Five Basic Principles for Writing Online
The world as we know it is flooded and afloat with words, words, words. Expression through words is not only an instinct for mankind, but it is also a necessity. We must speak; we must write. But with the modern age comes a most distressing innovation that has turned our neatly stacked, written world upside down: the Internet.
The world wide web has become a gateway for writers to instantly share their thoughts with the rest of the plugged-in, hot-spotted humanity. We can write, and we can read, and there is no one who can stop us! No editors, no slush piles, no mark-ups! This freedom doesn't always work for the best though, we must admit. With almost no authority and no boss, we writers are left to fill all roles and hold ourselves responsible. Otherwise, the words come to ruin and we treat the internet like a garbage dump, throwing out disorganized thoughts whenever (at whoever) we feel like. Note innumerable pointless blogs, those irritating internet trolls, and bold-faced revenue-forcing articles.
For myself, coming from a pen-and-paper background, online writing took some getting used to. I was amazed at the limitless subjects on which I could write. I was excited to know that others could read (and yes, criticize) my work. But I was also puzzled as to the difference between online writing and paper writing. Believe me, there is a difference. The average internet surfer does not sit in an armchair and take an hour to leisurely peruse your thoughtful discourse on what you had for breakfast. When we read online, we are often simply scanning the page, looking for interesting highlights, colorful pictures, etc.
So, to come to my point, we, as writers, need to train ourselves to take our online writing just as seriously as we would that short story sent to the editor at Bread Loaf. We need to guard against simply stuffing the void with fast-thought words in belittling attempts at earning more than twenty-five cents a day. We need these principles to make our internet writing worth the read: brevity, clarity, value, originality, and truth.
Point made, I will obstinately remind you that it was the garrulous Polonius who ironically said, "Brevity is the soul of wit." Please also do me the favor of forgetting the length of my first four paragraphs when considering this principle of brevity. I know I am not the only one with a short attention span for reading online. When we see an interminable web page crowded with black-and-white words, we will never read to the end. Let's just say it's human nature. We writers must learn to say what we mean in as few words as possible (*cough*), otherwise we will lose as many readers as we have words. Keep it short, concise, simple, and non-repetitive.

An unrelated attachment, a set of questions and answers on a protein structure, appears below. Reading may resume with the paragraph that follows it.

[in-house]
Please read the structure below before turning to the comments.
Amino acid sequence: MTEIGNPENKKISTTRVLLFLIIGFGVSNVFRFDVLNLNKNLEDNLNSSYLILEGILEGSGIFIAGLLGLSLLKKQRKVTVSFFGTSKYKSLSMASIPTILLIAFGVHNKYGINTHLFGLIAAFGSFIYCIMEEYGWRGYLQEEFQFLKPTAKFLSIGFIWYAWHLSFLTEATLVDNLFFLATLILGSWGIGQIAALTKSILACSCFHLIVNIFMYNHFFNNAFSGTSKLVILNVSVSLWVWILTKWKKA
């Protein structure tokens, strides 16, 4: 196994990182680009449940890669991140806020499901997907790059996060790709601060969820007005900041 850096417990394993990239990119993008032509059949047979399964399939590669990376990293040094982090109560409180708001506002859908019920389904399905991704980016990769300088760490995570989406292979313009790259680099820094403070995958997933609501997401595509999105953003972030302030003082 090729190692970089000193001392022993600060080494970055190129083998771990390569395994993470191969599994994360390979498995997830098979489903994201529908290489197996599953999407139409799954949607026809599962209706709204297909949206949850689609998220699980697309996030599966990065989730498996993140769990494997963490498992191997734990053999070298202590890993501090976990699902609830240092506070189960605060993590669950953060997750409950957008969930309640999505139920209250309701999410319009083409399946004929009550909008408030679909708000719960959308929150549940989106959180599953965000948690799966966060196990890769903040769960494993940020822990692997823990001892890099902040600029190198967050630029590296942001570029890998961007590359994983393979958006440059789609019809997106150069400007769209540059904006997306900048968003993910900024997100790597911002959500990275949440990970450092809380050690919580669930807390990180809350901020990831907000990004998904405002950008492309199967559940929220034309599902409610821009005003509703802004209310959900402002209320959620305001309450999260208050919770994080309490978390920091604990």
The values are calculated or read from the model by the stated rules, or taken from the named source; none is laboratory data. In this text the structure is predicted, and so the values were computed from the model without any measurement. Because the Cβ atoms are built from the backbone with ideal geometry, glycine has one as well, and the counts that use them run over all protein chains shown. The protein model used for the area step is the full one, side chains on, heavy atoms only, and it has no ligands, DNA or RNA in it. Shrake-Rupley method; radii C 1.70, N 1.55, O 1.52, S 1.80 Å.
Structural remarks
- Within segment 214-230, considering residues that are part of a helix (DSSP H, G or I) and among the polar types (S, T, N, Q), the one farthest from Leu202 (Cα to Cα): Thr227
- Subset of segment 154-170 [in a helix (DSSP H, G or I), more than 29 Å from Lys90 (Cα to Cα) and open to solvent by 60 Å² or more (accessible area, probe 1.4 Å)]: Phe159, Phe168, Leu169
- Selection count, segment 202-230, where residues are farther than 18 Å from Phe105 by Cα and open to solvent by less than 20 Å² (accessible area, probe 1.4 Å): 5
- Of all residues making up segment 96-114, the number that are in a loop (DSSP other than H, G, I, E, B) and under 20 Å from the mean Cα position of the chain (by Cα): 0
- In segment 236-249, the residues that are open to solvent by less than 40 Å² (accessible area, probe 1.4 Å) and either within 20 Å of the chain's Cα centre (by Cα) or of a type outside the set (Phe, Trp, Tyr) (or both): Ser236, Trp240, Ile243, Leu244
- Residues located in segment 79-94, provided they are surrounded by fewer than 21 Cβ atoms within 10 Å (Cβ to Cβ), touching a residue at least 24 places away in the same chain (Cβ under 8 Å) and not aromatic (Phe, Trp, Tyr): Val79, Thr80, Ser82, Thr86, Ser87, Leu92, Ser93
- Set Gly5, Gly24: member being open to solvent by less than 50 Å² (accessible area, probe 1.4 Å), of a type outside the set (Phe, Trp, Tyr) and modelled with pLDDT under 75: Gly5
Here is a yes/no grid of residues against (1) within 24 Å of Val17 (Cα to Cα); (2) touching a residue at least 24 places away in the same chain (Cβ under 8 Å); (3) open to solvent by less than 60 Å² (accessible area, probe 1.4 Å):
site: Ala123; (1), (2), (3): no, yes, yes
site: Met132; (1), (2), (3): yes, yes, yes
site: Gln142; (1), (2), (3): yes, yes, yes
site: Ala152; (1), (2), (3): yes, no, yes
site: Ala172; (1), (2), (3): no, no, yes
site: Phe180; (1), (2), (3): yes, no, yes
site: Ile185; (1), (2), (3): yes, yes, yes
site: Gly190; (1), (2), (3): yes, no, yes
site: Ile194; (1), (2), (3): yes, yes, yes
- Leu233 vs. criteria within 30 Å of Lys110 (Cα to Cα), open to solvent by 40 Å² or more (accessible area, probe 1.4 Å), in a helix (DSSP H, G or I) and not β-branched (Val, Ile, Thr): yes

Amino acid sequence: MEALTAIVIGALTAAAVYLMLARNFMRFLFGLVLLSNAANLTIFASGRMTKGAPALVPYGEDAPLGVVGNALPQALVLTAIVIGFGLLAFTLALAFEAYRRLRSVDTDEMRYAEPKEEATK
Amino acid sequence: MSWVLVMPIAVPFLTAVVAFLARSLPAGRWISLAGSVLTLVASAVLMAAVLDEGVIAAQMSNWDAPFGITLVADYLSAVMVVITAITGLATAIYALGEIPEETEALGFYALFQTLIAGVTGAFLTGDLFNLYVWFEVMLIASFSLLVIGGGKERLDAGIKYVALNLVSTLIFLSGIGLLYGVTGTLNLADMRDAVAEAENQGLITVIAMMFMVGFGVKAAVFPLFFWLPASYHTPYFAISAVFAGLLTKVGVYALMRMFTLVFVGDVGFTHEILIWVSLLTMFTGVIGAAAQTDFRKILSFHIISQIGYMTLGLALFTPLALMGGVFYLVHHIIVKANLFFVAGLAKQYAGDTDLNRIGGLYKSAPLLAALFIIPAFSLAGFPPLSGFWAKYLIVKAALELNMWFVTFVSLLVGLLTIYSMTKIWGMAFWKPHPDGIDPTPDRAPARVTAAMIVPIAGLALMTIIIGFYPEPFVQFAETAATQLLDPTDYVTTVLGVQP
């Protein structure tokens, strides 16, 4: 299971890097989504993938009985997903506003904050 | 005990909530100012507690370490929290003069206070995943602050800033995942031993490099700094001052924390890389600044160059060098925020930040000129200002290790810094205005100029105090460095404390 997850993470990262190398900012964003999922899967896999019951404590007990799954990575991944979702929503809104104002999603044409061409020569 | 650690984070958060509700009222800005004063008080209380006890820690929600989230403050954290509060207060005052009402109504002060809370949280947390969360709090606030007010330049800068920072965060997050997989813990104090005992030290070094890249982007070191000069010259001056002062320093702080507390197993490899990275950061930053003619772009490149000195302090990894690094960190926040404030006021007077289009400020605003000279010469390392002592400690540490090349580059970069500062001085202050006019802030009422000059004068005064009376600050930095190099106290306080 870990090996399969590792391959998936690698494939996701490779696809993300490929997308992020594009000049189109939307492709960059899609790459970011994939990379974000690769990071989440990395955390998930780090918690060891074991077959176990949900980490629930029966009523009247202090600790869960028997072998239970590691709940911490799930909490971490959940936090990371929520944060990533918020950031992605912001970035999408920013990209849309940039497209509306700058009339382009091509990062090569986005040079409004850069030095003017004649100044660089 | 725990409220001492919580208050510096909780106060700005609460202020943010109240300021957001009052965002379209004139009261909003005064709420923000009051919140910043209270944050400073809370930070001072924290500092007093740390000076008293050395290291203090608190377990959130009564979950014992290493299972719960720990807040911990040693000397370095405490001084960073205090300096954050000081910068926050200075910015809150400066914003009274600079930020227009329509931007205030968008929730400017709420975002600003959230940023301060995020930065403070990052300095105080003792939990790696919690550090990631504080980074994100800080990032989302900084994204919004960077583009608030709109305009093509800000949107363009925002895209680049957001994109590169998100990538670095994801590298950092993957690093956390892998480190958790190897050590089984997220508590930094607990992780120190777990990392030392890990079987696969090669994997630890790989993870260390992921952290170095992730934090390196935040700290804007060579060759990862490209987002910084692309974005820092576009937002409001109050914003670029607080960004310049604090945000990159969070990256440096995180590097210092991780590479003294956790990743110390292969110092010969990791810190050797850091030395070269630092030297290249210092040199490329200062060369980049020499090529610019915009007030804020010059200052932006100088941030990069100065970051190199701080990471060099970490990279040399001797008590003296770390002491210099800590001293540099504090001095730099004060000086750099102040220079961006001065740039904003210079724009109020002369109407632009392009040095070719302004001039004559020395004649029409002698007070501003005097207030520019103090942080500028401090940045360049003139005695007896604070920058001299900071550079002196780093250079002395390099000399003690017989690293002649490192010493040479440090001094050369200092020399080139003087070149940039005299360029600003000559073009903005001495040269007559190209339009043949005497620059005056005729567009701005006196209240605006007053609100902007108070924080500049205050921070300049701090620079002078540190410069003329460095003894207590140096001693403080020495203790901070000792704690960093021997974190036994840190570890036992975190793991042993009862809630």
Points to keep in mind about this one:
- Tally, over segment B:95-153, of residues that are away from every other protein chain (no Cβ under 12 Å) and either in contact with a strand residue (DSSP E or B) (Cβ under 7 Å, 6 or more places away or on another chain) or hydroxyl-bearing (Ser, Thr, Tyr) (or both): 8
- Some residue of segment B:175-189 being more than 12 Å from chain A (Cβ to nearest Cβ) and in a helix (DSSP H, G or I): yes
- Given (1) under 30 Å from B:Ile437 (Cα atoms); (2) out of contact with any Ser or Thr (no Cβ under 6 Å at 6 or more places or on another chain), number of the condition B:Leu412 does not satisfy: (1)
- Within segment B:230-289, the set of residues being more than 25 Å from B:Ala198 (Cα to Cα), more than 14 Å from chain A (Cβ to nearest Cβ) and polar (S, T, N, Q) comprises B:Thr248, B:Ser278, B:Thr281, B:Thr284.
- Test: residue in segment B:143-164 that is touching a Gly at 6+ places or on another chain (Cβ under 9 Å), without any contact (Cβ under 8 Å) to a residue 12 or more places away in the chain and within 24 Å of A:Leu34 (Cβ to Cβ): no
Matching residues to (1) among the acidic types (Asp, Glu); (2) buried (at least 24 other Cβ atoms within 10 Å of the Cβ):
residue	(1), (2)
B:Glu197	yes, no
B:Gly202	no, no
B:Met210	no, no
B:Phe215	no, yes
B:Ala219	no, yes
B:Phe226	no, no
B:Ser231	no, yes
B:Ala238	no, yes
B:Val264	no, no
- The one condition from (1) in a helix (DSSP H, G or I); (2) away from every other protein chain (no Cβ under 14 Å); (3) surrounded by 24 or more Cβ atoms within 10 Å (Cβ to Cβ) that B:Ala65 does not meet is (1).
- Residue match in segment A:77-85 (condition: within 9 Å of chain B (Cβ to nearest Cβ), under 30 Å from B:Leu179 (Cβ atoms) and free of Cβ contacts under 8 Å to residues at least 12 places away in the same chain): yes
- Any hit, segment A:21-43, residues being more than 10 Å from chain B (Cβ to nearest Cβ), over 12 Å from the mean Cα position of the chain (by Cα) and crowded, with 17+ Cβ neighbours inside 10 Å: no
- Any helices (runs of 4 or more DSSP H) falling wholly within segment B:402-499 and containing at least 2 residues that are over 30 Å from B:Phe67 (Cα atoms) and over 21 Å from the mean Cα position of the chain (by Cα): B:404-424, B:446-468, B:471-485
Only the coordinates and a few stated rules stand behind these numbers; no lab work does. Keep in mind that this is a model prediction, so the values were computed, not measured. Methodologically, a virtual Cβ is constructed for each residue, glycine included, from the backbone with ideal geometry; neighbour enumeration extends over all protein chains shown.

As with writing on paper, online non-fiction writing needs to be as clear as possible. A reader is unable to make eye contact with you; he cannot see your facial expressions; he will most likely find himself confused about the underlying pompous irony in the preceding paragraph. He needs to know the bold facts without the possibility of misinterpreting them. Words are nothing if not understood. I rather think that many online disputes are triggered by misinterpretation and misunderstanding. In that case, a smiley-face simply does not cut it :)
Whatever you say, whatever you write, think carefully in advance. Words have a hidden power that fists and force have never had. They are a part of us, and they inevitably change us. We need to be sure to give our readers only the best of words. Our online writing needs to be informative, interesting, and useful. We also need to respect our readers, realizing that they are actually flesh-and-blood people, not just computer screens. We should only write online what we would not be ashamed to say face-to-face. Life is too short and the internet too vast to add more to the trash pile. Whether we are writing a hub, a blog post, or a comment, we need to write words of value.
It's a dog-eat-dog world out there, so every online writer needs to use his or her secret weapon: originality. Your personality and individual perspective is the only thing you have a monopoly on. It's very tempting to gather three or four sources from a Google search, chew up the words a bit, and spew them back out as "your own" content. But this is, in fact, content plagiarism. Your words need to be your words, your thoughts. Research is important, yes, but never forget to write what you know, write what you believe, write yourself out.
The most important thing for any writer to do is to write the truth, at all costs. A writer who lies can be extremely damaging to his readers, even to society. Write what you know to be true. This can be difficult since the internet holds a multitude of contradictions to be truths. Discernment is a tricky business. We need to do our research and research the research. The reward of telling the truth? Readers who trust you and your words in a dangerously inaccurate internet world.
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